It's a boon for some and a curse for others. The sudden devaluation of rupee has gone largely unnoticed in Pakistan. Yet the devaluation will impact most Pakistanis.

Those receiving remittances from abroad will see some extra cash in their pockets. At the same time, the price of imported goods (petrol, tea, cooking oil, etc.) will rise, tightening household budgets all around.

The 24/7 coverage of the political circus combined with a judicial inquiry has left little room in print and electronic media for matters that matter. An exception was Khurram Hussain's exposé in the Dawn about the larger economic impact of currency devaluation.

Currency exchange rates are explained in most beginner texts in macroeconomics. Pakistan's import bill will increase whereas exports will be cheaper and hence more competitive globally, leading to growth in the export sector.

The increase in the price of imported goods will support inflationary pressures. The resulting uncertainty could lead to lower domestic consumption that might not be offset by the growth in the export-oriented sectors.

If the rupee continues to slide, the government might have to revise interest rates upwards to arrest the flight of capital. The same instrument will be deployed to arrest higher than expected inflation.

Pakistani rupee, like all other currencies, has gained and lost value in the past. It will do so in the future as well.

What should be of interest to our readers is if the timing and determinants of the current devaluation are an outcome of larger macroeconomic conditions or if there are other dubious forces trying to manipulate the markets, as finance minister, Ishaq Dar, alleges.

Is Mr. Dar to be believed or the central bank? Is every development, or the lack of it, in Pakistan a conspiracy against the ruling class, or is there a greater economic system whose fundamentals impact Pakistan as much as they impact other nations?

Currency manipulation, or at least the accusations about it, is not uncommon. Export-oriented economies are often accused by others of manipulating their currency to lower the price of their exports.

For instance, the US President, Donald Trump, in the past called the Chinese “grand champions of currency manipulation.” During the presidential campaign, Mr. Trump often accused the Chinese of lowering their currency to maintain the competitiveness of Chinese exports.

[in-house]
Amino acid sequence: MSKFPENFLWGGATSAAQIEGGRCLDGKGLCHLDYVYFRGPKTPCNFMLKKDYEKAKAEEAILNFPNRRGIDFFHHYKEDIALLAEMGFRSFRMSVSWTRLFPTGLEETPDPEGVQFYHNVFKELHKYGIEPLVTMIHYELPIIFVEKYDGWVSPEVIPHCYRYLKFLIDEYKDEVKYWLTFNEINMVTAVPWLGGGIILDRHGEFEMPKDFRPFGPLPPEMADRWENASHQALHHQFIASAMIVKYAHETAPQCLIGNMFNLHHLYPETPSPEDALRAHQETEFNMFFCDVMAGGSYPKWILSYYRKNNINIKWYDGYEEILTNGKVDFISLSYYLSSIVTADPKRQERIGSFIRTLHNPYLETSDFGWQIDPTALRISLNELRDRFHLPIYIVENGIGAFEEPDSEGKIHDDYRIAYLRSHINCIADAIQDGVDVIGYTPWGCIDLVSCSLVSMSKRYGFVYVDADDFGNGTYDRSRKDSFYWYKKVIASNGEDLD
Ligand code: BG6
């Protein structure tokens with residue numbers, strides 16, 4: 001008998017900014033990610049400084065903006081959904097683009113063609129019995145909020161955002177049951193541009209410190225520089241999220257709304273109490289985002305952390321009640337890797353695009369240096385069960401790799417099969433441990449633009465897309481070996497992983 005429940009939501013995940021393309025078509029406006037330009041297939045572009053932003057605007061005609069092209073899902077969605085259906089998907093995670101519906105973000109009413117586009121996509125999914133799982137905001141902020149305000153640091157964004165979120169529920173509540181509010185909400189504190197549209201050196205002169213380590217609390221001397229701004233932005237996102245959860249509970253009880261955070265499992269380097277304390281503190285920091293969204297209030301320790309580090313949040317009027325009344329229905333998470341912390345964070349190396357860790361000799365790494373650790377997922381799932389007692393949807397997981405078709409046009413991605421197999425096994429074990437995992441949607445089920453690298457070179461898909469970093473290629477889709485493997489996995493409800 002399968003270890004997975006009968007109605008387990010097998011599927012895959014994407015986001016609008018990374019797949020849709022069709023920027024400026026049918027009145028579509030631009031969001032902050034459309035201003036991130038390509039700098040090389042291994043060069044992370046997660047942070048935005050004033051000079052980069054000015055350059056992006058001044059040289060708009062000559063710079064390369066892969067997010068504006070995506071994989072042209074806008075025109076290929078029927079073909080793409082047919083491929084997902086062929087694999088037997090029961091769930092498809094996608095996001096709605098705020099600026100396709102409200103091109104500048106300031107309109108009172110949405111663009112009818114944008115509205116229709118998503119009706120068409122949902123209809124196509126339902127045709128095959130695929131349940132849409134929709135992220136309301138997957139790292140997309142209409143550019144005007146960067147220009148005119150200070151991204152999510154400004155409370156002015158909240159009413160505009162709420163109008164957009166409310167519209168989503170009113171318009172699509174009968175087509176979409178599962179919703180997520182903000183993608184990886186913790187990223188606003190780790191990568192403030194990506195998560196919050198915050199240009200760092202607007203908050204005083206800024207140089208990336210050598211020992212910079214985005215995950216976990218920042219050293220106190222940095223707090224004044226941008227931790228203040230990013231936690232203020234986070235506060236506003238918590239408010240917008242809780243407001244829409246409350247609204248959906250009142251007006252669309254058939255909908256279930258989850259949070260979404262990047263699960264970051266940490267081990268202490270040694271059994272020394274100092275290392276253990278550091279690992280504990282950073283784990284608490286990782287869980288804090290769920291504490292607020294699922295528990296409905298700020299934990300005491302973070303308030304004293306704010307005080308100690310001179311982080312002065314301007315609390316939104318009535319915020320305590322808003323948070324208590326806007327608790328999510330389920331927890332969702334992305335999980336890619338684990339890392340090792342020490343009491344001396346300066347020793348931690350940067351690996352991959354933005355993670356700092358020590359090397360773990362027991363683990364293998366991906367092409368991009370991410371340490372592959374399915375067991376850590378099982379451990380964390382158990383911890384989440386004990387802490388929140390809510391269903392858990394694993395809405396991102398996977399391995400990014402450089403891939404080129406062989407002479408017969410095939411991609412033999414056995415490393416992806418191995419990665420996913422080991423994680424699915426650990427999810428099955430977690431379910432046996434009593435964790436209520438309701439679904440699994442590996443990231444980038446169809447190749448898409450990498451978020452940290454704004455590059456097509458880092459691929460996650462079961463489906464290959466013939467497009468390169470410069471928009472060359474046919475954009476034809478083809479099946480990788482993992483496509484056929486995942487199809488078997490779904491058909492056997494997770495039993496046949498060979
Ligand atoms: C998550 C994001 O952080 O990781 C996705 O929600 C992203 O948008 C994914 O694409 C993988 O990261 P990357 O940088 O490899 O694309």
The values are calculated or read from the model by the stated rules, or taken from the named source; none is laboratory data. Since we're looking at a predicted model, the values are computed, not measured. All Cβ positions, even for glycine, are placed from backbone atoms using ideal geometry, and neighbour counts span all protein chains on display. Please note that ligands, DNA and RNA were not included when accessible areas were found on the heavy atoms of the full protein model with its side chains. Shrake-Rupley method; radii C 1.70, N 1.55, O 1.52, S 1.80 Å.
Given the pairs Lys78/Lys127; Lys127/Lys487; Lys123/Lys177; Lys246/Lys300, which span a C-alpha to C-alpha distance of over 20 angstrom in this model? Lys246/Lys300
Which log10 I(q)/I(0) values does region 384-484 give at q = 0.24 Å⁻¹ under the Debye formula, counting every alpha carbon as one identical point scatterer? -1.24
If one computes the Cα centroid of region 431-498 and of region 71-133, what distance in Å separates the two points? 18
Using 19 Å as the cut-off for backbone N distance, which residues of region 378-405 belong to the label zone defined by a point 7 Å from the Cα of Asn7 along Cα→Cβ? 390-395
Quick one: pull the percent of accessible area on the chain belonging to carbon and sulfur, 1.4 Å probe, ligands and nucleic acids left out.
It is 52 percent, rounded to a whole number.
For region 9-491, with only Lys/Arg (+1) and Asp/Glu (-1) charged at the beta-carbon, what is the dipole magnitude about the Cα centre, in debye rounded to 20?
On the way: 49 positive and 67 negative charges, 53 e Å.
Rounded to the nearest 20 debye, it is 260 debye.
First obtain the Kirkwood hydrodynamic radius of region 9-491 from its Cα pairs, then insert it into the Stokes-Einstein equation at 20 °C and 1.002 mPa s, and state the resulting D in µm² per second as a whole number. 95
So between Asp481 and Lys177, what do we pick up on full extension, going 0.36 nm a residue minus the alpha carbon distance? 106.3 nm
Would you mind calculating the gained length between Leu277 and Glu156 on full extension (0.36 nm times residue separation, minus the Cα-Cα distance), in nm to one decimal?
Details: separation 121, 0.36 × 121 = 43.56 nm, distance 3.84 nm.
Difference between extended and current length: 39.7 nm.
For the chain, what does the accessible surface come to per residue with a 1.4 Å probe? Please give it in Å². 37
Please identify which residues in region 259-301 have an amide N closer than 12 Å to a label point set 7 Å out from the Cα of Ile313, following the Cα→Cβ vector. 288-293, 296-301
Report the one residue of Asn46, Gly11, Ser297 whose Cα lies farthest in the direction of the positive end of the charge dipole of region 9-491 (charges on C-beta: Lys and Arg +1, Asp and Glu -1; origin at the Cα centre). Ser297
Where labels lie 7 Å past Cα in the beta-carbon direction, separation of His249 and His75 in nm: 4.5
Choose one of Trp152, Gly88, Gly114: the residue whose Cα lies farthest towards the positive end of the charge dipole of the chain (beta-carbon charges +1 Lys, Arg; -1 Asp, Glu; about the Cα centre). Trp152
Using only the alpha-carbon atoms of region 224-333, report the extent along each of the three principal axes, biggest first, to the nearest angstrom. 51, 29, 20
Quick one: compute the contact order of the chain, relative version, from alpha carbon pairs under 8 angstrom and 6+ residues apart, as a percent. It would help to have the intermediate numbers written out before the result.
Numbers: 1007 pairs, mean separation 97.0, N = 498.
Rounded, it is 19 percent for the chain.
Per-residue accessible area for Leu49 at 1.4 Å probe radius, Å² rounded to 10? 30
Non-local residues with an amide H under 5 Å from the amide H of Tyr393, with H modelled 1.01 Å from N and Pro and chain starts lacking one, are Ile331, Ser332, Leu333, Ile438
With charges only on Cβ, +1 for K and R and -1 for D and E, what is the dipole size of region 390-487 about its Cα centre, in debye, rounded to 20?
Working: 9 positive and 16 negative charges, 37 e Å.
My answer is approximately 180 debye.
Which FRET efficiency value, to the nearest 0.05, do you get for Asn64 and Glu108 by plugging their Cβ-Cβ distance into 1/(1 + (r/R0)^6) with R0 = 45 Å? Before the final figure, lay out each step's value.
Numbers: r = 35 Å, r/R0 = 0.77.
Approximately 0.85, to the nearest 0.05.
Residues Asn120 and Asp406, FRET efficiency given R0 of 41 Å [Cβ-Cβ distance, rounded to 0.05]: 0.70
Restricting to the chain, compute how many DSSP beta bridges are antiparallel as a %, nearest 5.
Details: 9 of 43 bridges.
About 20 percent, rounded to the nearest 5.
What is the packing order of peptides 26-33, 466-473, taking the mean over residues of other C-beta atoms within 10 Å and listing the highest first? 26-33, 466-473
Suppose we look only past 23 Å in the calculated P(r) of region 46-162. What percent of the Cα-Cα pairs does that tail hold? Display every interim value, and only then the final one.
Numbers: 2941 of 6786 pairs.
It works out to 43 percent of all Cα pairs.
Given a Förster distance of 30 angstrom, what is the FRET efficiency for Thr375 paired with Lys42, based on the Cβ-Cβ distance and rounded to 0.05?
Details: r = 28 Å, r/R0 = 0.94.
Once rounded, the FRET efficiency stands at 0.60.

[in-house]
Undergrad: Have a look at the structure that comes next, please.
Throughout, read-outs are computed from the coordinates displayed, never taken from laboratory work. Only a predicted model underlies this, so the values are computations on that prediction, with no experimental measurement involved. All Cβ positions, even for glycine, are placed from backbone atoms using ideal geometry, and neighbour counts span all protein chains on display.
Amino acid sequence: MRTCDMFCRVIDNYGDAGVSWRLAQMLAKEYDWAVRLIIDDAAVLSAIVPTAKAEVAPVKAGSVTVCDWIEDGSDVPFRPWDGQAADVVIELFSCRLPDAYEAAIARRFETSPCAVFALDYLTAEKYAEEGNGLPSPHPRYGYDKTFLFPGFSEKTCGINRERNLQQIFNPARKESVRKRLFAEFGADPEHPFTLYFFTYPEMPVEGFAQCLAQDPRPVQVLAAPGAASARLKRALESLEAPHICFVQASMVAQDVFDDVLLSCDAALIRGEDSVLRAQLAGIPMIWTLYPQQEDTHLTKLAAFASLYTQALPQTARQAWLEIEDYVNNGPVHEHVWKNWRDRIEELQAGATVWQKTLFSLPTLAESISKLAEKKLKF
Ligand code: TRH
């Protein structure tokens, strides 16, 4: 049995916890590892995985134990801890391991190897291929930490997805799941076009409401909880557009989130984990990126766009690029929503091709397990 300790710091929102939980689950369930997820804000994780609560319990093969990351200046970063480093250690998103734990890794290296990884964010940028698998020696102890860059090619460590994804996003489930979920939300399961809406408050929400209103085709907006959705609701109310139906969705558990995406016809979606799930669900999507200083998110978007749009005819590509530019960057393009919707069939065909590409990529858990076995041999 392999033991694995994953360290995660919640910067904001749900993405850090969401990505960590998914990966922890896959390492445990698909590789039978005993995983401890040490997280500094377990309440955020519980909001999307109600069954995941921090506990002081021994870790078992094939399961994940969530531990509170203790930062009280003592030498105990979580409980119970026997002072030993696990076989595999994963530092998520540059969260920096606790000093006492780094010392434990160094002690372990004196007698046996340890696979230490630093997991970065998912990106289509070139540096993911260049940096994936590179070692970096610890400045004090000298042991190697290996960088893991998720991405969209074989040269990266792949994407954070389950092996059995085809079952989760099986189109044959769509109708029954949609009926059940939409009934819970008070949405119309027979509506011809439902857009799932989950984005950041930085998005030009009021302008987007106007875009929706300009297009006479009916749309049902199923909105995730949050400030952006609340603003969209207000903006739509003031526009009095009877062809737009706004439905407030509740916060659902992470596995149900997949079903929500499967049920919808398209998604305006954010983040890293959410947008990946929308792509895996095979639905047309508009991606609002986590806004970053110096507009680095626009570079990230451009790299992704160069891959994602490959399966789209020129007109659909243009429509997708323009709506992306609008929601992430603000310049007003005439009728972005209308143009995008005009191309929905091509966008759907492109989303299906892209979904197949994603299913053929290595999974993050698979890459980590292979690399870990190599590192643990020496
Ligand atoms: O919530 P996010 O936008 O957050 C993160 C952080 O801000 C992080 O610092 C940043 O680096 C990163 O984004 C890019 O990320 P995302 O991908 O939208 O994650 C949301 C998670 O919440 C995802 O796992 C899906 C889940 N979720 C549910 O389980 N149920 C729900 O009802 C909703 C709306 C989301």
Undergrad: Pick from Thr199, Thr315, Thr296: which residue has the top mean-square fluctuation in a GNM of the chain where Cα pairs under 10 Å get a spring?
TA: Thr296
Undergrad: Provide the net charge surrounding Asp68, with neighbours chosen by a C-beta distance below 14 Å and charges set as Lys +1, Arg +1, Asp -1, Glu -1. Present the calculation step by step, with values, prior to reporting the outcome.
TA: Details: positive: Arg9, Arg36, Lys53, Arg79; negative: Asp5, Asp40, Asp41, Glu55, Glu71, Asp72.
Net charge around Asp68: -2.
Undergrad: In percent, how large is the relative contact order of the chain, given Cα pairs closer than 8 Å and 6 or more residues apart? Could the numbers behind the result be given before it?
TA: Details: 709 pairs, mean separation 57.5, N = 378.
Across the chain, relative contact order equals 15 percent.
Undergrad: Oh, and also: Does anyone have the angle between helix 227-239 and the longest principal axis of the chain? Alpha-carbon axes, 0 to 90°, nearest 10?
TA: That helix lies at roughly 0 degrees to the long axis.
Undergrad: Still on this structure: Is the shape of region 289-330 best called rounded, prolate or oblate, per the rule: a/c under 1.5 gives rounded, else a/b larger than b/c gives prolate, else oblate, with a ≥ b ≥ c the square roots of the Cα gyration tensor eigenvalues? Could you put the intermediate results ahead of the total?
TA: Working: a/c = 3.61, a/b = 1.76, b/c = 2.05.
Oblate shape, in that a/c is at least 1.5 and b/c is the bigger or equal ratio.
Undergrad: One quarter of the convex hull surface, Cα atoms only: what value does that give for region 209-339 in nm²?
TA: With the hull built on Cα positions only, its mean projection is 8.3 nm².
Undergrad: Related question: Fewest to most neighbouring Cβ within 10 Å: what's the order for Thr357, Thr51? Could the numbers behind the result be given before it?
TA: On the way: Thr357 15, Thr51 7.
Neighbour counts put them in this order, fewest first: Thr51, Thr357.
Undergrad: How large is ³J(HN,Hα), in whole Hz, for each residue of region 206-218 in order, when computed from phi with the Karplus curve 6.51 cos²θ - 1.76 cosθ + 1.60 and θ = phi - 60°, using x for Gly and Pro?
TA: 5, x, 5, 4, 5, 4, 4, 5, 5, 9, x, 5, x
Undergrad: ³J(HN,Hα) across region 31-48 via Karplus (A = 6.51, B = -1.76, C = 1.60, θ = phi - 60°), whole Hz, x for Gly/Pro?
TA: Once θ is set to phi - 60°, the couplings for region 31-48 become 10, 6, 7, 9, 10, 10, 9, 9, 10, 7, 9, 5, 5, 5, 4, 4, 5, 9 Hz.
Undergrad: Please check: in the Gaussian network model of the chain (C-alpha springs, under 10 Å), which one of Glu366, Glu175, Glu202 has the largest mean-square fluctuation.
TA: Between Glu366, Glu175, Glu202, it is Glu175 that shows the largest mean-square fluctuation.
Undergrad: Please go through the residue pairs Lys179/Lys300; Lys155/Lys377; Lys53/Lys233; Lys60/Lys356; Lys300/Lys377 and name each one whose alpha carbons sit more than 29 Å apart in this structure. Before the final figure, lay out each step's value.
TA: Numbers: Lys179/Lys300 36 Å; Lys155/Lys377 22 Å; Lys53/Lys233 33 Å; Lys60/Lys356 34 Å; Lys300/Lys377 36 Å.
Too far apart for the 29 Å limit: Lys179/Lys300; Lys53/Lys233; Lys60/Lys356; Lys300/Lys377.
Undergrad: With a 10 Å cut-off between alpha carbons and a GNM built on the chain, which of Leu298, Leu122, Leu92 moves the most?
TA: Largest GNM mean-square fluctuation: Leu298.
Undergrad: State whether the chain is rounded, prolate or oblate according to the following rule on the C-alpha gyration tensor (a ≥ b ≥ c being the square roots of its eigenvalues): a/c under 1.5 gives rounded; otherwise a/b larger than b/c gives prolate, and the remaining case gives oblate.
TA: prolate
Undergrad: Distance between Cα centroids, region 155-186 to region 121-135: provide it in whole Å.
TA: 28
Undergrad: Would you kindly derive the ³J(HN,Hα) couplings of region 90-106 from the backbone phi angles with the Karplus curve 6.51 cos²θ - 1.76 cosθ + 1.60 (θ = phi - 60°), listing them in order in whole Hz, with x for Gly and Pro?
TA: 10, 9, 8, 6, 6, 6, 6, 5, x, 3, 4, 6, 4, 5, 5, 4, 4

Mr. Trump did have a change of heart in April this year when he declared that China was “not a currency manipulator.” He found another reason for the strong US dollar. “I think our dollar is getting too strong, and partially that’s my fault because people have confidence in me,” declared the American president.

Mr. Dar, it appears, takes inspiration from Mr. Trump and takes credit where it's due and also where it’s not. In a statement after rupee devaluation, Mr. Dar declared that “[d]espite the eight to nine-billion-dollar current account deficit, if the reserves are still, by the grace of God, sitting at $21bn, it is because our team has performed that they are there.”

The operative comment in Mr. Dar’s statement is about the eight to nine-billion-dollar current account deficit, which exposes the sustained decline in Pakistani exports that now lag imports by billions of dollars, an untenable financial scenario.

For years, the Pakistani government has deliberately propped up the currency. Bloomberg reported recently that commercial banks were told not to trade rupee at levels unacceptable to the State Bank. In fact, Pakistan's rupee remained the only currency to hold its ground against the US Dollar when almost all other regional currencies slid.

There is, however, an obvious downside to artificially propping up the currency. While it may provide justification for some false sense of pride or financial stability for the naive, it erodes export competitiveness.

Pakistan's $9 billion current account deficit (a measure of weak exports against imports) will continue to widen if rupee were not devalued.

The concerns about an overvalued exchange rate are by no means new revelations. The IMF had warned government last year that the rupee was overvalued by as much as 20%.

In a July 2016 report, Bloomberg reported IMF’s concerns about the overvalued exchange rate and its impact on the weakening of Pakistani exports especially when other regional economies had adjusted their currencies to compete in the international market place facing a slowdown in consumption.

Currencies rise, and they fall. That’s not a concern.

What matters is when political brinkmanship takes precedence over national interest. When those elected to mind the nation’s finances view everything from a bipartisan political lens, problems arise.

When the rupee devalued last week, the finance minister, Ishaq Dar, accused “individuals, lenders, and entities” of “exploiting the current political situation.”

However, the State Bank of Pakistan saw the devaluation to be “broadly aligned with economic fundamentals” and that devaluation is likely to support growth in exports in addition to addressing the “emerging imbalance in the external account.”

Is Mr. Dar to be believed or the central bank? Is every development, or the lack of it, in Pakistan a conspiracy against the ruling class, or is there a greater economic system whose fundamentals impact Pakistan as much as they impact other nations?

It is an opportune time for the government to do the right thing. The recent appointment of Tariq Bajwa as the new governor of State Bank must be followed with a commitment to grant operational autonomy to the central bank so that it may conduct its affairs (including managing the exchange rate) independently and in the best interest of the nation.


Are you an economist and have a take on whether a weak rupee is in Pakistan's national interest? Write to us at blog@dawn.com